Still, the animosity towards the Marvel adaptations perplexes because while they may not meet a certain threshold for personal taste, they most certainly do exist as art, they’ve connected with audiences perhaps a bit younger than Marty and Franky are used to these days and they have delivered fun and joy to an ever-growing audience. Indeed, one can experience similar visceral pleasure at an amusement park, shooting hoops, going out on a date, playing video games, riding dirt bikes and so on and so forth. They have both masterfully equated MCU films with the frivolity of joy.
Marty, the not so secret “invading” of Marvel films at your local multiplex may not constitute “high art,” which is probably what the auteur really means when applying the term “cinema” towards valid examples (like his own) so as to avoid coming off as pretentious. That is a conversation worth having because now the community can debate the echelons of film as it pertains to the MCU, where they stand in comparison and how that genre could grow into a higher status. Unfortunately, what Marty said was dismissive of the Marvel films as art in any form albeit in the most thoughtful, backhanded compliment he could conceive of at the time. It is disappointing to hear an artist invalidate other art for any reason, but it comes off as spiteful when the invalidation is the result of petty semantics or for simply lacking je ne sais quoi.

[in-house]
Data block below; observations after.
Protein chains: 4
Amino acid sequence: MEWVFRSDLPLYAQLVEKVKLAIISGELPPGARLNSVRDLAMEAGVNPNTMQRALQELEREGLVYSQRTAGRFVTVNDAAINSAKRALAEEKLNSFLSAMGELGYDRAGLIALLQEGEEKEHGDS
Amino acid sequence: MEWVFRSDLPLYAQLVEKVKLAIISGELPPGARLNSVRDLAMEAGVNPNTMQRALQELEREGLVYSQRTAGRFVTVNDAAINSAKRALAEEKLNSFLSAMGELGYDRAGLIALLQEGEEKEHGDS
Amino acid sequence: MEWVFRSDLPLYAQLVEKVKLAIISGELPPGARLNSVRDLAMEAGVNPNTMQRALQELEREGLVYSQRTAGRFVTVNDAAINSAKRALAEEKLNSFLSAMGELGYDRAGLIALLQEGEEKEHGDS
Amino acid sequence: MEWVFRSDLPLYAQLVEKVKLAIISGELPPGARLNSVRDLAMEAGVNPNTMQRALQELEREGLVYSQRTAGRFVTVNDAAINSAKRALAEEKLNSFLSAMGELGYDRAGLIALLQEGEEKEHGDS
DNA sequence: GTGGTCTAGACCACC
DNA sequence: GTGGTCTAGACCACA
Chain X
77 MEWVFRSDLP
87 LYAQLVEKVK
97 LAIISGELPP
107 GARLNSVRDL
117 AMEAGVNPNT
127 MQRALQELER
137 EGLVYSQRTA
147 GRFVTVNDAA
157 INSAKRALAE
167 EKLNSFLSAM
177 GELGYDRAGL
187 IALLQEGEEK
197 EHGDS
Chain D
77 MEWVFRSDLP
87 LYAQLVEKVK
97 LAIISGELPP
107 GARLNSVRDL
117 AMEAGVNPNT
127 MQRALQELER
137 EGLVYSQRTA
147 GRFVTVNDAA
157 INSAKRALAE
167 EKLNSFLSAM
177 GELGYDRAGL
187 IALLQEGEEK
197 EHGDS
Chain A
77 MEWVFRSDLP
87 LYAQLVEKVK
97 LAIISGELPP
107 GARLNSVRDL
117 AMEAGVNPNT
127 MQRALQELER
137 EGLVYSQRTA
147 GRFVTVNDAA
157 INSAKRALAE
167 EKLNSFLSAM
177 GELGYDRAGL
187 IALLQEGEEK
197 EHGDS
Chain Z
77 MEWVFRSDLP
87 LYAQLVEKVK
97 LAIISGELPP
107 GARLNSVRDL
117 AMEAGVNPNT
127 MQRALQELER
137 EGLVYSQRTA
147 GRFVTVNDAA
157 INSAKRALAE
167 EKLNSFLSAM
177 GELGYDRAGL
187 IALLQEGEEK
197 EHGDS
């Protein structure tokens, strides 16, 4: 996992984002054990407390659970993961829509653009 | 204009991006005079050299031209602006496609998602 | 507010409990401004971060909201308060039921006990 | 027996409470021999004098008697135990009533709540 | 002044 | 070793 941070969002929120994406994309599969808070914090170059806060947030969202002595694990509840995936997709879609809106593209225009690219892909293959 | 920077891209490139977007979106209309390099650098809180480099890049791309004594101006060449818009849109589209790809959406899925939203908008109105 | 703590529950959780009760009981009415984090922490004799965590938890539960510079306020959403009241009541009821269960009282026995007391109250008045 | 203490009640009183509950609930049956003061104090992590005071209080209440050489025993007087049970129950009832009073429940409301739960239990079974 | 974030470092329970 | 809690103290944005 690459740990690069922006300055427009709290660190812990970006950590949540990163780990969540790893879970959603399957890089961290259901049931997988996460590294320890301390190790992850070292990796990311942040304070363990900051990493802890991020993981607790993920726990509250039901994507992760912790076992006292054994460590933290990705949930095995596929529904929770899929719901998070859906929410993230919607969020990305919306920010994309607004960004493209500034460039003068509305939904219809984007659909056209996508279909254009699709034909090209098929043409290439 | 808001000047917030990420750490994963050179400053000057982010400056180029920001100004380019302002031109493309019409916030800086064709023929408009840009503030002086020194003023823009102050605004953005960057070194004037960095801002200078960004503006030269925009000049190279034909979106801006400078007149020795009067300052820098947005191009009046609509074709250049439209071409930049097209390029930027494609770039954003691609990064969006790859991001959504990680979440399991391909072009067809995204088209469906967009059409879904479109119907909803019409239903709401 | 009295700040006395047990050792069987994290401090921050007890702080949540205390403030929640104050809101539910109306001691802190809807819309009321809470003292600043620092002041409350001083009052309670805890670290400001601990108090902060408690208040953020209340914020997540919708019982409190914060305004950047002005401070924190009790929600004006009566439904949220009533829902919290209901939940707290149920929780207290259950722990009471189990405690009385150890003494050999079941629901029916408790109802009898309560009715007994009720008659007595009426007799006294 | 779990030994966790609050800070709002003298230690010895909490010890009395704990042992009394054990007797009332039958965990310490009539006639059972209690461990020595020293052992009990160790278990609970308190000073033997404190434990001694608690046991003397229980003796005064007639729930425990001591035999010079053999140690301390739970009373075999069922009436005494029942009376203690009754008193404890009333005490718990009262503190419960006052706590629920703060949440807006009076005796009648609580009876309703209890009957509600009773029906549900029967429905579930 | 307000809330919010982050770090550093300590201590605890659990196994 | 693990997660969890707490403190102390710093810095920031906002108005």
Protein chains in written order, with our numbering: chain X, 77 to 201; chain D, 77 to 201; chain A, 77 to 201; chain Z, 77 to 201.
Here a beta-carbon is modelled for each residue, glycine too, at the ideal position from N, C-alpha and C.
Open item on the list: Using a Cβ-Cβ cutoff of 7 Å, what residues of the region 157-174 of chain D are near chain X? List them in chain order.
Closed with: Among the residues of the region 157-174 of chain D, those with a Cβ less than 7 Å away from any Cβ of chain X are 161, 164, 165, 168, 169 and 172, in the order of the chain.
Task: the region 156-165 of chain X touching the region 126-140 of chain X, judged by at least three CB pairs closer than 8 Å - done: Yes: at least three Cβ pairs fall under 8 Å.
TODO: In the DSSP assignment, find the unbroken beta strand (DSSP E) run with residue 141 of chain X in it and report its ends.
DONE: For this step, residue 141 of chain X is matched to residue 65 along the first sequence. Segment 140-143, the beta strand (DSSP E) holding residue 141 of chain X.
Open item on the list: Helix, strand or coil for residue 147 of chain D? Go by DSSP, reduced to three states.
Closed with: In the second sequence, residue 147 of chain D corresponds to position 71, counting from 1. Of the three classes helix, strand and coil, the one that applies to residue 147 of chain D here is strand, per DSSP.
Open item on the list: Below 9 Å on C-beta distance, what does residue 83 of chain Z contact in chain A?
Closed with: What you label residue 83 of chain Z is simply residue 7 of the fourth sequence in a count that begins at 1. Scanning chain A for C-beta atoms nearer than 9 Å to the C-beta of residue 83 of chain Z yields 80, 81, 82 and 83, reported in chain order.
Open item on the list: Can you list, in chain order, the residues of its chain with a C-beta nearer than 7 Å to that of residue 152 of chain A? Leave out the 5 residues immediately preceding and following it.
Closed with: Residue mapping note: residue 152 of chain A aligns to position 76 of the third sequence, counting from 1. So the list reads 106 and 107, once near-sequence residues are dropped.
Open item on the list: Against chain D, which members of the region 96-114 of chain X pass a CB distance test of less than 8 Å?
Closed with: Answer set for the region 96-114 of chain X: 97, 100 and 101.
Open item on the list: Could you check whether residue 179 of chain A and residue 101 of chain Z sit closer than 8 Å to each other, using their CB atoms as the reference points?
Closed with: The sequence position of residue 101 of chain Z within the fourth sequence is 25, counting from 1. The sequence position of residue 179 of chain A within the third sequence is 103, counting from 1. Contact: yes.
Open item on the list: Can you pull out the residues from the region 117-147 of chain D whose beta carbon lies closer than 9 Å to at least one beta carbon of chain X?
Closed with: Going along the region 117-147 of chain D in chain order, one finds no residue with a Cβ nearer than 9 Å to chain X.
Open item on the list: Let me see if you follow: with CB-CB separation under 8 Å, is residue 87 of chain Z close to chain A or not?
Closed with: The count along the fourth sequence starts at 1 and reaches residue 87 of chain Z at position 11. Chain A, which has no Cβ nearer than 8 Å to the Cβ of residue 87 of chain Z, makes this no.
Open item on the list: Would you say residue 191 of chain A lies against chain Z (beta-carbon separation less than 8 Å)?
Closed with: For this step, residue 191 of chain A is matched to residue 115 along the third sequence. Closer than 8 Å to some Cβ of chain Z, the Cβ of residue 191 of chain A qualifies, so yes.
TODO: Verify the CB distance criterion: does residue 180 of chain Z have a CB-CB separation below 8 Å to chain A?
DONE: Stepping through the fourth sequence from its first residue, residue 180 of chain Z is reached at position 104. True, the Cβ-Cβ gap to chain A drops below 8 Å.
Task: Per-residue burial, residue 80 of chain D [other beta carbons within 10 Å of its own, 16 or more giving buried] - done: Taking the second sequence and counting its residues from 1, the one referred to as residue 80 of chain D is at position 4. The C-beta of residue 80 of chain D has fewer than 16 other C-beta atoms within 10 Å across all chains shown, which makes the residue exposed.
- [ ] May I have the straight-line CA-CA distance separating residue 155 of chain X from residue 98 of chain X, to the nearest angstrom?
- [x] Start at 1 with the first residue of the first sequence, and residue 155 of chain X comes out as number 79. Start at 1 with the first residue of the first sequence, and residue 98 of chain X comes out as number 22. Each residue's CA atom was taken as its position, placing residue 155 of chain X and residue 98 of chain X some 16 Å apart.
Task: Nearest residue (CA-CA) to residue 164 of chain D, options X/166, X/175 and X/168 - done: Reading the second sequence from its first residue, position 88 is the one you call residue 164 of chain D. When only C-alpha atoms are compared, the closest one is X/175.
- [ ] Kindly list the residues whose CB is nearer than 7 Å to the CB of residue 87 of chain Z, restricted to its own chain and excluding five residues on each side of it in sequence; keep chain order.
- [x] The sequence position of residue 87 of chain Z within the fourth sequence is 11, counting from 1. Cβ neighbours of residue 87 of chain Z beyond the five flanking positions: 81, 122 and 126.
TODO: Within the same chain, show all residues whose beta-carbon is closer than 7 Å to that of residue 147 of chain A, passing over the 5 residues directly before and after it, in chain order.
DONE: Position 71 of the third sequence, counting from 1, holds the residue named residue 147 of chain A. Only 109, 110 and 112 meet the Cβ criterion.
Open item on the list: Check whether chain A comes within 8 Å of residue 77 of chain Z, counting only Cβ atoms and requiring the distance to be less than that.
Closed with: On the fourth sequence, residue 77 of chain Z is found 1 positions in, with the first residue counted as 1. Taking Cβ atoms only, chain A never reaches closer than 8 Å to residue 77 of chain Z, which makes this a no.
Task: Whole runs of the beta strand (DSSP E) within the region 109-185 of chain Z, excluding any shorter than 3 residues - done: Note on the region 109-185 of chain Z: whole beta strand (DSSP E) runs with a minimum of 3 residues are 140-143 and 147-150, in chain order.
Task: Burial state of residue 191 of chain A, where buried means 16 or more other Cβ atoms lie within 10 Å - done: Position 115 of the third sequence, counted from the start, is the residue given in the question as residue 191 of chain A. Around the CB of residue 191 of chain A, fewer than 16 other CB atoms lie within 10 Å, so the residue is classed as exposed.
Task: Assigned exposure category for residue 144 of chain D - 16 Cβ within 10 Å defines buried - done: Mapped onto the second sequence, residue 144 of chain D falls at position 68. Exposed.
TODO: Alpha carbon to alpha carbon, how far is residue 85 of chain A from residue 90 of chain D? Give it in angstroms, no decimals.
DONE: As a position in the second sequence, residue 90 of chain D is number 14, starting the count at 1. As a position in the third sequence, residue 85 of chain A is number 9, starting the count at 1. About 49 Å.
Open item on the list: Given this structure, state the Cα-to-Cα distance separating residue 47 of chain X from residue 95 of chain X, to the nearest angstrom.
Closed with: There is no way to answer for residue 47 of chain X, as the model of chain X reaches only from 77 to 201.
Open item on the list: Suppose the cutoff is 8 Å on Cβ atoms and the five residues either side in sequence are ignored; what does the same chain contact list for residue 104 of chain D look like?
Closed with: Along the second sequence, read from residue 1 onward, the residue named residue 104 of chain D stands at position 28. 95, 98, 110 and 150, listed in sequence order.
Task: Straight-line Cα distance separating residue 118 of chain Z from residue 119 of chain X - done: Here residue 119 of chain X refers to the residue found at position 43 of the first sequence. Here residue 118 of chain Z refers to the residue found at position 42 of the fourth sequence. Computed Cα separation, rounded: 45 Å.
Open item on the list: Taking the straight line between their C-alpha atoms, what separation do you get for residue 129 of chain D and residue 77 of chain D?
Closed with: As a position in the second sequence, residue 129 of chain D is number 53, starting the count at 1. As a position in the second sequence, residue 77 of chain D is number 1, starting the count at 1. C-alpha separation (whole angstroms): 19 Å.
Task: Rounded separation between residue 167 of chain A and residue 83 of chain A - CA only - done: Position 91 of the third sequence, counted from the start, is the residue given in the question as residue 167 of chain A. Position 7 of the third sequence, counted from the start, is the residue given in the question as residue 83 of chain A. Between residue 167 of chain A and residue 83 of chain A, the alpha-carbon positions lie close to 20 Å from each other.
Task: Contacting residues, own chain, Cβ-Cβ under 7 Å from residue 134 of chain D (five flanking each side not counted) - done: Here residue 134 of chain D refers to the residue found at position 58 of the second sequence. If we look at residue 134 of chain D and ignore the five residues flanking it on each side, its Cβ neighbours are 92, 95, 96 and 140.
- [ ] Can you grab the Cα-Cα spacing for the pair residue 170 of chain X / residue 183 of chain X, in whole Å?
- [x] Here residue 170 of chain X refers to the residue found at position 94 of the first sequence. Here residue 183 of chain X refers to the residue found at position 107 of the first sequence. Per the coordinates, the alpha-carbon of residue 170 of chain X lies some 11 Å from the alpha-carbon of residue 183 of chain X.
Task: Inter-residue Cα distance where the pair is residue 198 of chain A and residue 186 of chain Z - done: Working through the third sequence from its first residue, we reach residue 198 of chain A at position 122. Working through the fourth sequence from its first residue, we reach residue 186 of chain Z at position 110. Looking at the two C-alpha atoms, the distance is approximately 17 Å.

Suffering succotash Franky! Marvel films are “despicable?” That sounds like a personal attack, but why? Has Marvel Studios swindled the market share from American Zoetrope via shady business deals with good family men? Does the MCU incite hate, intolerance and indiscriminate violence in society? Did Kevin Feige run over your dog? Those would certainly qualify as despicable, but it is difficult to suggest that the global audience “seeing the same movie over and over again,” is similarly disdainful.